No Marshmallows, Just Term Papers
This essay has been designed to explain the variation that region has on the style of wine. The region of choice here is Marlborough in New Zealand. The scope of this essay is to identify the different factors which add towards the variation of region evident in the variety of grapes. These factors are six in number and include soil, climate, vinification, viticulture and vintage variation. When all these factors are examined it would become easy to know that even though the grapes used in most of the wines might be the same but the texture and taste that each of these wines have to offer to the palate is a lot different (Weil 2007).
Grape variety in Marlborough
Marlborough is that region of New Zealand which is located in the north east part of the South Island. Marlborough is an authority which is unitary incorporating region as well as district along with the council being located at the region of Blenheim.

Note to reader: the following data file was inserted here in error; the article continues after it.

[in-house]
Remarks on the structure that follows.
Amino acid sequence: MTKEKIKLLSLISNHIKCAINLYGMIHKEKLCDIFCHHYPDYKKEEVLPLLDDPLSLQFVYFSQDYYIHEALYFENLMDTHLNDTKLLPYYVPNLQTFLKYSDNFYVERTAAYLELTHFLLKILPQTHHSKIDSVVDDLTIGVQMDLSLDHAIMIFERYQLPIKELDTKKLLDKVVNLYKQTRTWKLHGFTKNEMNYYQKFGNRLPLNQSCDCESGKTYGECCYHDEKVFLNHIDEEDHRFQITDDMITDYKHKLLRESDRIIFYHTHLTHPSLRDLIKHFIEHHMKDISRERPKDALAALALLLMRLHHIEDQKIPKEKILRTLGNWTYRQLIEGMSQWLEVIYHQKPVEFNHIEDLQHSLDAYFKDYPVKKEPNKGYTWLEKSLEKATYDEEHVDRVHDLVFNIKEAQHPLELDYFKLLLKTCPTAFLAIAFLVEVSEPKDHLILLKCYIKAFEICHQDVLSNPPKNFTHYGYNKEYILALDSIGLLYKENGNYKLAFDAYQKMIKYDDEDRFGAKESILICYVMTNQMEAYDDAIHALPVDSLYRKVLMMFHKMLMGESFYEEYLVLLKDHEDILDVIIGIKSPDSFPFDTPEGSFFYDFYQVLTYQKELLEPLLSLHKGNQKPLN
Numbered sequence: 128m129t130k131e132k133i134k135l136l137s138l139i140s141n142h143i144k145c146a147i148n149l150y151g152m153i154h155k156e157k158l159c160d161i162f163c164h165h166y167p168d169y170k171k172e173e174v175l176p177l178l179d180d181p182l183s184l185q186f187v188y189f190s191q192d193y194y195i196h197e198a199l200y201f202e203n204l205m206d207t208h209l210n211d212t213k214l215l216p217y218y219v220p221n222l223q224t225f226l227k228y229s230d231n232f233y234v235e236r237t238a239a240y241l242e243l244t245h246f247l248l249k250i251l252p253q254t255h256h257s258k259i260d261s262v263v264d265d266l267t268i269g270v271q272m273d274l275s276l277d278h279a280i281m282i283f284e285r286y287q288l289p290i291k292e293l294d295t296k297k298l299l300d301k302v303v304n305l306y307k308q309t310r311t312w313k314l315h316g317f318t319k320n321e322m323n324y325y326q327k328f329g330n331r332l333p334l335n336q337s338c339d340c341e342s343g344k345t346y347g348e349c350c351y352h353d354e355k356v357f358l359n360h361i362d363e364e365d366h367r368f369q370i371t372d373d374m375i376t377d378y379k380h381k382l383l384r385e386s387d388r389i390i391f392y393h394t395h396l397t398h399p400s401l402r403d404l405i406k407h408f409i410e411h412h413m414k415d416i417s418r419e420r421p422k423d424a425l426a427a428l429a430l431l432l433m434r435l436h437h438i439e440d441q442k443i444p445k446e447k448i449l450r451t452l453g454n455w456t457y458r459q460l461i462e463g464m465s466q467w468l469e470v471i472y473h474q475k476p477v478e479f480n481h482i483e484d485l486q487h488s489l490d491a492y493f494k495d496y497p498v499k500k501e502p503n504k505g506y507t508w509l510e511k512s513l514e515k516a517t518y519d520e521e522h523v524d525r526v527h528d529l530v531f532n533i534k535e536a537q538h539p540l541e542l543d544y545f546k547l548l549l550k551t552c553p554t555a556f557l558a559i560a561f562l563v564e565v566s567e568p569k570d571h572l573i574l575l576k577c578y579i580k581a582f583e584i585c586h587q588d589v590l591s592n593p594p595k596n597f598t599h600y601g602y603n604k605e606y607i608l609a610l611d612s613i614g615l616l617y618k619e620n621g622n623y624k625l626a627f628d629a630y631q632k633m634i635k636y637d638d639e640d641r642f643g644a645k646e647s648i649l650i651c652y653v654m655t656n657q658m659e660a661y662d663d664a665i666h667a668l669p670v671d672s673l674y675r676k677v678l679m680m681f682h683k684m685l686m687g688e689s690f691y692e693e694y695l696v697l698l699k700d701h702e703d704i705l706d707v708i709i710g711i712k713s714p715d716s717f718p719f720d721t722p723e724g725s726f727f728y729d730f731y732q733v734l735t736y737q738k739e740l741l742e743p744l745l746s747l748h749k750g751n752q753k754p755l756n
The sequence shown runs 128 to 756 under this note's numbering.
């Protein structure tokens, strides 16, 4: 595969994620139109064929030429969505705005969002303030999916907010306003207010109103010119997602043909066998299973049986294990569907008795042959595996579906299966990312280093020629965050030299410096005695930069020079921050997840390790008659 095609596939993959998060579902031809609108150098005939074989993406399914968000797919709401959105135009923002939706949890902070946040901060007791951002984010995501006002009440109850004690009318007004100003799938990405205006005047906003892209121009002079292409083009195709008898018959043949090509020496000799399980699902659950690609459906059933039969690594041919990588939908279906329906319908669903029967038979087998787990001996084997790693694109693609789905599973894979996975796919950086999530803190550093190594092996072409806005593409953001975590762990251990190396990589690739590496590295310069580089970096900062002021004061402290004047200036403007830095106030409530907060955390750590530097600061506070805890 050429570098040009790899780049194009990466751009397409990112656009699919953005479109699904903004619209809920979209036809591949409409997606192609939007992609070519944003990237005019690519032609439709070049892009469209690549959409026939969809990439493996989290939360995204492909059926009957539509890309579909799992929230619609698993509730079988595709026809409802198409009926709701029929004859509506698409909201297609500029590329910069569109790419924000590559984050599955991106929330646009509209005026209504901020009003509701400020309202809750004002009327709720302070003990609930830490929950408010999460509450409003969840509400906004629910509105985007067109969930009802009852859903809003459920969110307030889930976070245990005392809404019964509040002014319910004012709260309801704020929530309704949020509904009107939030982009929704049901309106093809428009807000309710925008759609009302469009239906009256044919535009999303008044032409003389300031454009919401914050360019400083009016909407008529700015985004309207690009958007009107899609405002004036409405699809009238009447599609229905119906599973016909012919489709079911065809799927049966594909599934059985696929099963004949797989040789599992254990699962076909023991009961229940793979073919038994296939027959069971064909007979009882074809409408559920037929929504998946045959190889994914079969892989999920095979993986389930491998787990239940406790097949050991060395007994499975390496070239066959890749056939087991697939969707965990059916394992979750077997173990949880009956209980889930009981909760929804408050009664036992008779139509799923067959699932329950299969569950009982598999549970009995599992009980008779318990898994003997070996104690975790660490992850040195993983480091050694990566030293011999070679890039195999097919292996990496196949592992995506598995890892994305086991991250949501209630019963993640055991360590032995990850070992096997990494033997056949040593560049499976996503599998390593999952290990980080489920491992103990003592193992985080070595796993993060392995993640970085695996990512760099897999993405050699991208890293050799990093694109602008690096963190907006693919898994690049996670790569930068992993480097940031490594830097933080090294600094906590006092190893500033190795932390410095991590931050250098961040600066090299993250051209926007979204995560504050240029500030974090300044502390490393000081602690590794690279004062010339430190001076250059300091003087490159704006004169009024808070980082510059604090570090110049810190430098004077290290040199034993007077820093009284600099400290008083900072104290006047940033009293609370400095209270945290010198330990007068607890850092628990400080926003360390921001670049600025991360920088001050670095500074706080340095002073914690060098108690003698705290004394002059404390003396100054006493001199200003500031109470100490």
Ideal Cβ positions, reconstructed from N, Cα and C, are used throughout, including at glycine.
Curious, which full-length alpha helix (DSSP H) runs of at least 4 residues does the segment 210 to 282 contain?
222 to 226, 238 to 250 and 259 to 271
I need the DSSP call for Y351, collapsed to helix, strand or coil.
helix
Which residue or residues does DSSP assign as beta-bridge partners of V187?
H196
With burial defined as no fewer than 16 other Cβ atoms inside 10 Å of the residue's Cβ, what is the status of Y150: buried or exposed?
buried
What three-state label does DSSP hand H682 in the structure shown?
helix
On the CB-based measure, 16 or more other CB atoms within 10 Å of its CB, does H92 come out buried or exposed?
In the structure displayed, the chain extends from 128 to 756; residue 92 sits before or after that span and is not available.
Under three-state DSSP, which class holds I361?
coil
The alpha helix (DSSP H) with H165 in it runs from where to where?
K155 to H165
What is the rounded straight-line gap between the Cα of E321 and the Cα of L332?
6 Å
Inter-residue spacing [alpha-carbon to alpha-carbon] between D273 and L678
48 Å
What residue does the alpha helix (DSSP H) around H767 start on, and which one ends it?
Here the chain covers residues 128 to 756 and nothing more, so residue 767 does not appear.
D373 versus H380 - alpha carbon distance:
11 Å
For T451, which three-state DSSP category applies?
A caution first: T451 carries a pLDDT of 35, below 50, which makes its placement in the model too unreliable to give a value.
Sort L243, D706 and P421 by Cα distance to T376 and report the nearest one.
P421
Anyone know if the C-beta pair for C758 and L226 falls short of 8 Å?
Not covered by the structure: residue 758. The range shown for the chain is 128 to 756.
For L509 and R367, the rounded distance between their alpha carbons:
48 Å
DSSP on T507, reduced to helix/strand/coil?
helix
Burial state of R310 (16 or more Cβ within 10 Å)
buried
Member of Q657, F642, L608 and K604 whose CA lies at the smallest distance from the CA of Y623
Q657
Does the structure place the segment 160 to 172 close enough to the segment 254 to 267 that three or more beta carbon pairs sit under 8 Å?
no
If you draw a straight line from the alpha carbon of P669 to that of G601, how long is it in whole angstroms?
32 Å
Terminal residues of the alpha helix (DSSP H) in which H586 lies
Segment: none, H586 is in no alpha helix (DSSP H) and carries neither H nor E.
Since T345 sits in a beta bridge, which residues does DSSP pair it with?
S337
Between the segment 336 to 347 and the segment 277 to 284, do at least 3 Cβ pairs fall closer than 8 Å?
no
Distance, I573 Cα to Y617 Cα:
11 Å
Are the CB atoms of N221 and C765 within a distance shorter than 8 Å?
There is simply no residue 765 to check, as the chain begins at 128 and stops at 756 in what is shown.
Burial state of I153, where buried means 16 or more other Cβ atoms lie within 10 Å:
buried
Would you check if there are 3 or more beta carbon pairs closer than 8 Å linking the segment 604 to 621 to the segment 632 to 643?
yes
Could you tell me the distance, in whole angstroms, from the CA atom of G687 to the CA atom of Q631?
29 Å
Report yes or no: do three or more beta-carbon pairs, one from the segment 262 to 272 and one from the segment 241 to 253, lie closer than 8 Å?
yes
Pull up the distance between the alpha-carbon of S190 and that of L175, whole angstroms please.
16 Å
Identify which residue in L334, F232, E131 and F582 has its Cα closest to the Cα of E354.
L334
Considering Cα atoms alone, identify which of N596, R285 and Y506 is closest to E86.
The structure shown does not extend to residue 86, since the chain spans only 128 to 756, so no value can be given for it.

The claim of starting wine industry in New Zealand can be made on this particular region as the region deciphers interesting wine. The total vineyard area is around 62 %.
This particular region is known for its grape variety. The most planted variety of the region is Sauvignon Blanc. Along with this variety, the region is also known for Pinot Noir, Chardonnay, Pinot Gris and Riesling. These are the most common grapes which grow in this region as the region of Marlborough has a free, draining, alluvial loam soil along with gravels offering sub- soils in the regions where grapes grow in Marlborough.
Climate Information on Marlborough
Marlborough is usually known for its dry climate and there is an evident contrast between the sunny days which are too hot and the nights which are too cold which help in extending the period of ripening of the grapes like nowhere else on the globe. This results in a unique expression of the grapes to be produced. During the summers, the weather is quiet warm, dry as well as settled whereas in the winters...